On February 22, 2021, the United States Supreme Court denied a petition to review the decision of the Third Circuit Court of Appeals in the case United States ex rel. Druding v. Care Alternatives, 952 F.3d 89 (2020), thus declining to resolve a split among the federal appellate courts on the issue of the standard for proof of falsity under the False Claims Act.
In the Care Alternatives case, four employees brought a whistleblower suit against their former employer, Care Alternatives, a provider of hospice services, alleging that Care Alternatives had submitted false claims for Medicare hospice benefits to patients who were not eligible for the benefit because they were not “terminally ill.” The plaintiffs presented the testimony of a physician who reviewed the medical records of a selection of patients and opined that, based on the available records, patients had been inappropriately certified for hospice care 35% of the time. Care Alternatives’ expert disagreed, opining that the medical documentation supported a conclusion that each of the allegedly ineligible patients was terminally ill. The district court granted summary judgment in favor of Care Alternatives, holding that a difference of medical opinion, without more, was insufficient proof of falsity for purposes of a claim under the False Claims Act.
The Third Circuit reversed the lower court’s grant of summary judgment in favor of the hospice provider, rejecting what it referred to as the “objective falsity standard.” The Court found that, rather than “factual falsity,” the relevant test was “legal falsity” — i.e., did the claim meet the requirements for payment. With respect to the hospice benefit, there were two such requirements: 1) that a physician certify the patient as terminally ill; and 2) that clinical information and documentation support that certification. According to the Court, the jury could consider a medical opinion contrary to that of the certifying physician in determining whether the medical record sufficiently supported the eligibility certification. “We therefore find that a difference of medical opinion is enough evidence to create a triable issue of fact as to FCA falsity.” 952 F.3d at 100.
In Care Alternatives, the Third Circuit expressly rejected the standard the Eleventh Circuit adopted in United States v. AseraCare, 938 F.3d 1278 (2019). Like Care Alternatives, AseraCare also involved a hospice provider and also involved allegations that the provider had falsely submitted Medicare claims for patients who were not terminally ill and, therefore, were not eligible for benefits. As in Care Alternatives, the parties in AseraCare offered dueling expert opinions on either side of the eligibility issue. The Court, however, reached the opposite conclusion regarding the standard for proof of falsity.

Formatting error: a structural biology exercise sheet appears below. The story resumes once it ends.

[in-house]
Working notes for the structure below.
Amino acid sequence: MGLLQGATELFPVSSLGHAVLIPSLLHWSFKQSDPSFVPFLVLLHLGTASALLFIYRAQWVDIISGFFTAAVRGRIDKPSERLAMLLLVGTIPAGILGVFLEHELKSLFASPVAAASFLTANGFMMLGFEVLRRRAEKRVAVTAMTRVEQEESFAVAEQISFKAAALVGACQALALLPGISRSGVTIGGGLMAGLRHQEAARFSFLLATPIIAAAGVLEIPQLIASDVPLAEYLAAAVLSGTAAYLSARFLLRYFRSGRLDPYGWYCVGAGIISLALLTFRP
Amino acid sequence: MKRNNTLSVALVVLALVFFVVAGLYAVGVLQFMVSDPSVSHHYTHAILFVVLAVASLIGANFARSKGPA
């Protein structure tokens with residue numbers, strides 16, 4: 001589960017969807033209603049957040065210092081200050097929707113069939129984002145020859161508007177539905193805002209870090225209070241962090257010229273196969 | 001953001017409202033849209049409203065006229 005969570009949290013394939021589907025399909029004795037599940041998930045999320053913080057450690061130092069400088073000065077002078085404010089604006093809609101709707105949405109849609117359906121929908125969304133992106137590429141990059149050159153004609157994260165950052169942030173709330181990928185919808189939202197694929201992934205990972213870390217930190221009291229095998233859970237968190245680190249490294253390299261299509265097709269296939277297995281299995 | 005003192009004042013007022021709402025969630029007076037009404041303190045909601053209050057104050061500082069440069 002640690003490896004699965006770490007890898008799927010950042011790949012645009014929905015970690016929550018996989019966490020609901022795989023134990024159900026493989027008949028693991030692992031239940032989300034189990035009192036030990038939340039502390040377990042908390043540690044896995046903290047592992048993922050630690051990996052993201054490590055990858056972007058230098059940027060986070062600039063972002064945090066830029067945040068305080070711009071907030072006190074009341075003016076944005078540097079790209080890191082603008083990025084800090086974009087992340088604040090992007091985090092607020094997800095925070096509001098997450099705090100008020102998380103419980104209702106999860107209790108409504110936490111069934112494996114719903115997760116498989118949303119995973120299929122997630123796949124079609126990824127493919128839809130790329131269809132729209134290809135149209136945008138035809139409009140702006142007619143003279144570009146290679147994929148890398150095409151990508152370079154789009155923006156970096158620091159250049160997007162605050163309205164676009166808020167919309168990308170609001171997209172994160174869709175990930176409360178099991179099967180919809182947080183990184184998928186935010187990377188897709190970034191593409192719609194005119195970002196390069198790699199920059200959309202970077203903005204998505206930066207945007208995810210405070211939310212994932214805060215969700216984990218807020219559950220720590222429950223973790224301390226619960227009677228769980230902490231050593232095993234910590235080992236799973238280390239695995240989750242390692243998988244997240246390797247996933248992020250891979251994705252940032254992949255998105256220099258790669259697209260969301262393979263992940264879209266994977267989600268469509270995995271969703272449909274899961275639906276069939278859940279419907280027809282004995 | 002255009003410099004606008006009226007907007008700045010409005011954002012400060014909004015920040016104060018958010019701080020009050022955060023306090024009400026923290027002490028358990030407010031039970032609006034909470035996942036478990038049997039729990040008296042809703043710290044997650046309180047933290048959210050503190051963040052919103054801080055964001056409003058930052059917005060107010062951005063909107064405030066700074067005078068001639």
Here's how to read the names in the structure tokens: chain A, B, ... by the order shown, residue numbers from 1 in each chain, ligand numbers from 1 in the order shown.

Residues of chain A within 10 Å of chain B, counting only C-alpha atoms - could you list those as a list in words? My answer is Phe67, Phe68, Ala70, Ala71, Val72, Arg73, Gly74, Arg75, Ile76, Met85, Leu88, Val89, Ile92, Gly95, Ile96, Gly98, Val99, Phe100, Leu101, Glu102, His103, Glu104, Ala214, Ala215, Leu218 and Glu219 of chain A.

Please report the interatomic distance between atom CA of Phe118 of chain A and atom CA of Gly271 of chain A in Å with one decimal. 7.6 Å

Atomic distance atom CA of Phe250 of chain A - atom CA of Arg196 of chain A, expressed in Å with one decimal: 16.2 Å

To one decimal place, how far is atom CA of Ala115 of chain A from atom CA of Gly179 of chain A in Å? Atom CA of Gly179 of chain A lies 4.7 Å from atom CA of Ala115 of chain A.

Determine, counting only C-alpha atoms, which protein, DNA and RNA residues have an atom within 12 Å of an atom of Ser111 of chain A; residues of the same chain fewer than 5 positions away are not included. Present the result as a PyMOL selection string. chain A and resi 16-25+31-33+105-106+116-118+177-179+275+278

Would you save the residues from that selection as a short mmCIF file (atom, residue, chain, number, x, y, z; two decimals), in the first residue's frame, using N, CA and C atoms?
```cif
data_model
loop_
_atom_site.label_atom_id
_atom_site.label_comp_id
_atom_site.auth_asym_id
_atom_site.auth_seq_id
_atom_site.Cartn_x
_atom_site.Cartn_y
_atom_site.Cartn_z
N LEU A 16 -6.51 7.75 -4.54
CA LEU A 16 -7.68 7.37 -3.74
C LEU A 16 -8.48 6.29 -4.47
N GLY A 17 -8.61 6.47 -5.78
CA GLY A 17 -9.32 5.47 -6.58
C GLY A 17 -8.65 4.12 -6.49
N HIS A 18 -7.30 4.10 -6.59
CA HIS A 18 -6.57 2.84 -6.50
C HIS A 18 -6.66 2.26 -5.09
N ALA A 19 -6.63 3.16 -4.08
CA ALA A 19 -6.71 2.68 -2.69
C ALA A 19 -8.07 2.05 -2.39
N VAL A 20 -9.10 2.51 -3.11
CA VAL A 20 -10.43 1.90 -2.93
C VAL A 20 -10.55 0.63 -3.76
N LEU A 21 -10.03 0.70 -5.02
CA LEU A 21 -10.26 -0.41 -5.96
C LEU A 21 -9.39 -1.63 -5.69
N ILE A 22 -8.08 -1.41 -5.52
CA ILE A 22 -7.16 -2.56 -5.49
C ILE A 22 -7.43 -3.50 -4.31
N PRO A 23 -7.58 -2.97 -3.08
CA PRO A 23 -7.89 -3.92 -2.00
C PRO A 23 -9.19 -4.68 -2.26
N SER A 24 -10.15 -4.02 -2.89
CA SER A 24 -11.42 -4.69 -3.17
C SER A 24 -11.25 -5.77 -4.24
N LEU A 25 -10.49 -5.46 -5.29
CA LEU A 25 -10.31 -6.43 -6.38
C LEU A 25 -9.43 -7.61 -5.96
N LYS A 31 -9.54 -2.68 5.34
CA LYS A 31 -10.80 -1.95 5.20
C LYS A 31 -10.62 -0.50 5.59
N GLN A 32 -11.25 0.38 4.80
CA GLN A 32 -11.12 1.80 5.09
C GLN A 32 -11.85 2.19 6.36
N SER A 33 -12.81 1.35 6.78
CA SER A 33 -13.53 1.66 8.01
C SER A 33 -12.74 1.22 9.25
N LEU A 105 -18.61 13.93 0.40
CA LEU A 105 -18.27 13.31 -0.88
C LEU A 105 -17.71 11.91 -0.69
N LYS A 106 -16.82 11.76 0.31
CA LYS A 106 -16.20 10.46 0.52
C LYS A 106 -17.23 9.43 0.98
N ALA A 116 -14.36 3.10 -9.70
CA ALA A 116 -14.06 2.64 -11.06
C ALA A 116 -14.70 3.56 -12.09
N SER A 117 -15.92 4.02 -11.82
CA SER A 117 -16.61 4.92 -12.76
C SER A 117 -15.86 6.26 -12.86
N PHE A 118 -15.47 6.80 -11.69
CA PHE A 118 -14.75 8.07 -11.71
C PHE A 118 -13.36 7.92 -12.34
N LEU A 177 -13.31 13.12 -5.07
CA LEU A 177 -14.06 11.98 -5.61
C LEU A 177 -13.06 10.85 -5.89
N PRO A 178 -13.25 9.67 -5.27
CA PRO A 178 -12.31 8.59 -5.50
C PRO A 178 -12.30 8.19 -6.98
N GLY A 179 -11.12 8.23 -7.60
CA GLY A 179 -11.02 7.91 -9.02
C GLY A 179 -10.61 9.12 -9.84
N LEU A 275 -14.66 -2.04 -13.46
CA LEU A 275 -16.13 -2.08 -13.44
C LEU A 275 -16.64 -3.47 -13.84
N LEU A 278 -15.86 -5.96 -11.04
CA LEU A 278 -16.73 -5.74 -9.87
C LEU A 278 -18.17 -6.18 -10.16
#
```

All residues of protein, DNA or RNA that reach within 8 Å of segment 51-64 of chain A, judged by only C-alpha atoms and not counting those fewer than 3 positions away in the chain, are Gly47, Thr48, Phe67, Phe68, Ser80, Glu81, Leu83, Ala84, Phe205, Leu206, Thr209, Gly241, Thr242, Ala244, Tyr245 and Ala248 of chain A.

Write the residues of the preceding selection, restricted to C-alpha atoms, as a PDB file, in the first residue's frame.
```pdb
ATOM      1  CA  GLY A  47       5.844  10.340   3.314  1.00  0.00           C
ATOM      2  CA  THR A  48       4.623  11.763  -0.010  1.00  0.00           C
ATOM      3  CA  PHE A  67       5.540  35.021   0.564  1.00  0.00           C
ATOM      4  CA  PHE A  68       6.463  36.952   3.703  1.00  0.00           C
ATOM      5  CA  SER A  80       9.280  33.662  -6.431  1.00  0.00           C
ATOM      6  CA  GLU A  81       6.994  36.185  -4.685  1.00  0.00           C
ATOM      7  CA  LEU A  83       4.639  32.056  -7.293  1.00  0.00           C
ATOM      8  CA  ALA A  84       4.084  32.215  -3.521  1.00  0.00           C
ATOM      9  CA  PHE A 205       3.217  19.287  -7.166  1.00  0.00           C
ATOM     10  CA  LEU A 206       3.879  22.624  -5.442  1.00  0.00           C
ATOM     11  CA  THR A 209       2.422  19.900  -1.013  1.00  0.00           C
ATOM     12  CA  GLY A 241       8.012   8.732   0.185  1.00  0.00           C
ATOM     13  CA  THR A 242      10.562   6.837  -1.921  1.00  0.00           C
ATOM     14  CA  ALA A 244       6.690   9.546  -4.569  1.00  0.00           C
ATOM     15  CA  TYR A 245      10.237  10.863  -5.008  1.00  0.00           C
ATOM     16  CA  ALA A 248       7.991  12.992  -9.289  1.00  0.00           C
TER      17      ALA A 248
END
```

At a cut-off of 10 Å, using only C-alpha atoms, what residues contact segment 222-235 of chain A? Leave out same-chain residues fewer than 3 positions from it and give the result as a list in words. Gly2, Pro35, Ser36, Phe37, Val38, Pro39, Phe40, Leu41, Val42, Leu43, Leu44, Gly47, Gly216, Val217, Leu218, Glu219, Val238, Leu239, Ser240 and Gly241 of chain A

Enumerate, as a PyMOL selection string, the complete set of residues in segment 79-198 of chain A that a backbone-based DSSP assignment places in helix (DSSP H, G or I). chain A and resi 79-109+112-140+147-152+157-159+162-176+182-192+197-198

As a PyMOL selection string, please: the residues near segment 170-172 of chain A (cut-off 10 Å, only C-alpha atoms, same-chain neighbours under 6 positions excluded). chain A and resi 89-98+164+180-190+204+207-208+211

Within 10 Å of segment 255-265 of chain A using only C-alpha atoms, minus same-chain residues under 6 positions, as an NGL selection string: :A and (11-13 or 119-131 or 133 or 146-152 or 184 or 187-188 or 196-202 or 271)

Noting a general policy of giving deference to the clinical judgments of physicians as well as the challenges of determining individual life expectancy, the AseraCare Court held “a reasonable difference of opinion among physicians reviewing medical documentation ex post is not sufficient on its own to suggest that those judgments — or any claims based on them — are false under the FCA. A properly formed and sincerely held clinical judgment is not untrue even if a different physician later contends that the judgment is wrong.” 938 F.3d at 1297.
With its decision in Care Alternatives, the Third Circuit aligns itself with the Tenth Circuit (United States ex rel. Polukoff v. St. Mary’s Hosptial, 895 F.3d 730 (2018)) and the Ninth Circuit (Winter ex rel. United States v. Gardens Regional Hospital, 953 F.3d 1108 (2020)), which have rejected objective falsity as the only test for proving a false certification under the False Claims Act. Compare United States ex rel. Riley v. St. Luke’s Episcopal Home, 355 F.3d 370 (5th Cir. 2004) (legitimately held but incorrect medical opinions are not sufficient basis for finding a false certification under the FCA). Other circuits, including the Seventh and Eighth Circuits, have not yet decided the issue, although there are a few district court decisions touching on the question. See, e.g., United States ex rel. Geschrey v. Generations Healthcare, 922 F.Supp.2d 695 (N.D. Ill. 2012) (relators’ disagreement with certifying physician’s determination of eligibility for hospice services insufficient to support a finding of falsity).
By denying further review in the Care Alternatives case, the Supreme Court passed up what many believed was a tailor-made opportunity to provide definitive guidance to the lower courts regarding the proof necessary to establish falsity under the False Claims Act. This is a significant issue, particularly in the health care field, where FCA claims are prevalent and disagreement among experts is common. Given the large volume of litigation under the False Claims Act, it seems very likely that the Court will again be presented with this issue in the relatively near future. Until then, however, whether a difference of medical opinion will be enough for an FCA plaintiff to get to the jury on the issue of falsity may depend on the federal circuit where the case is venued.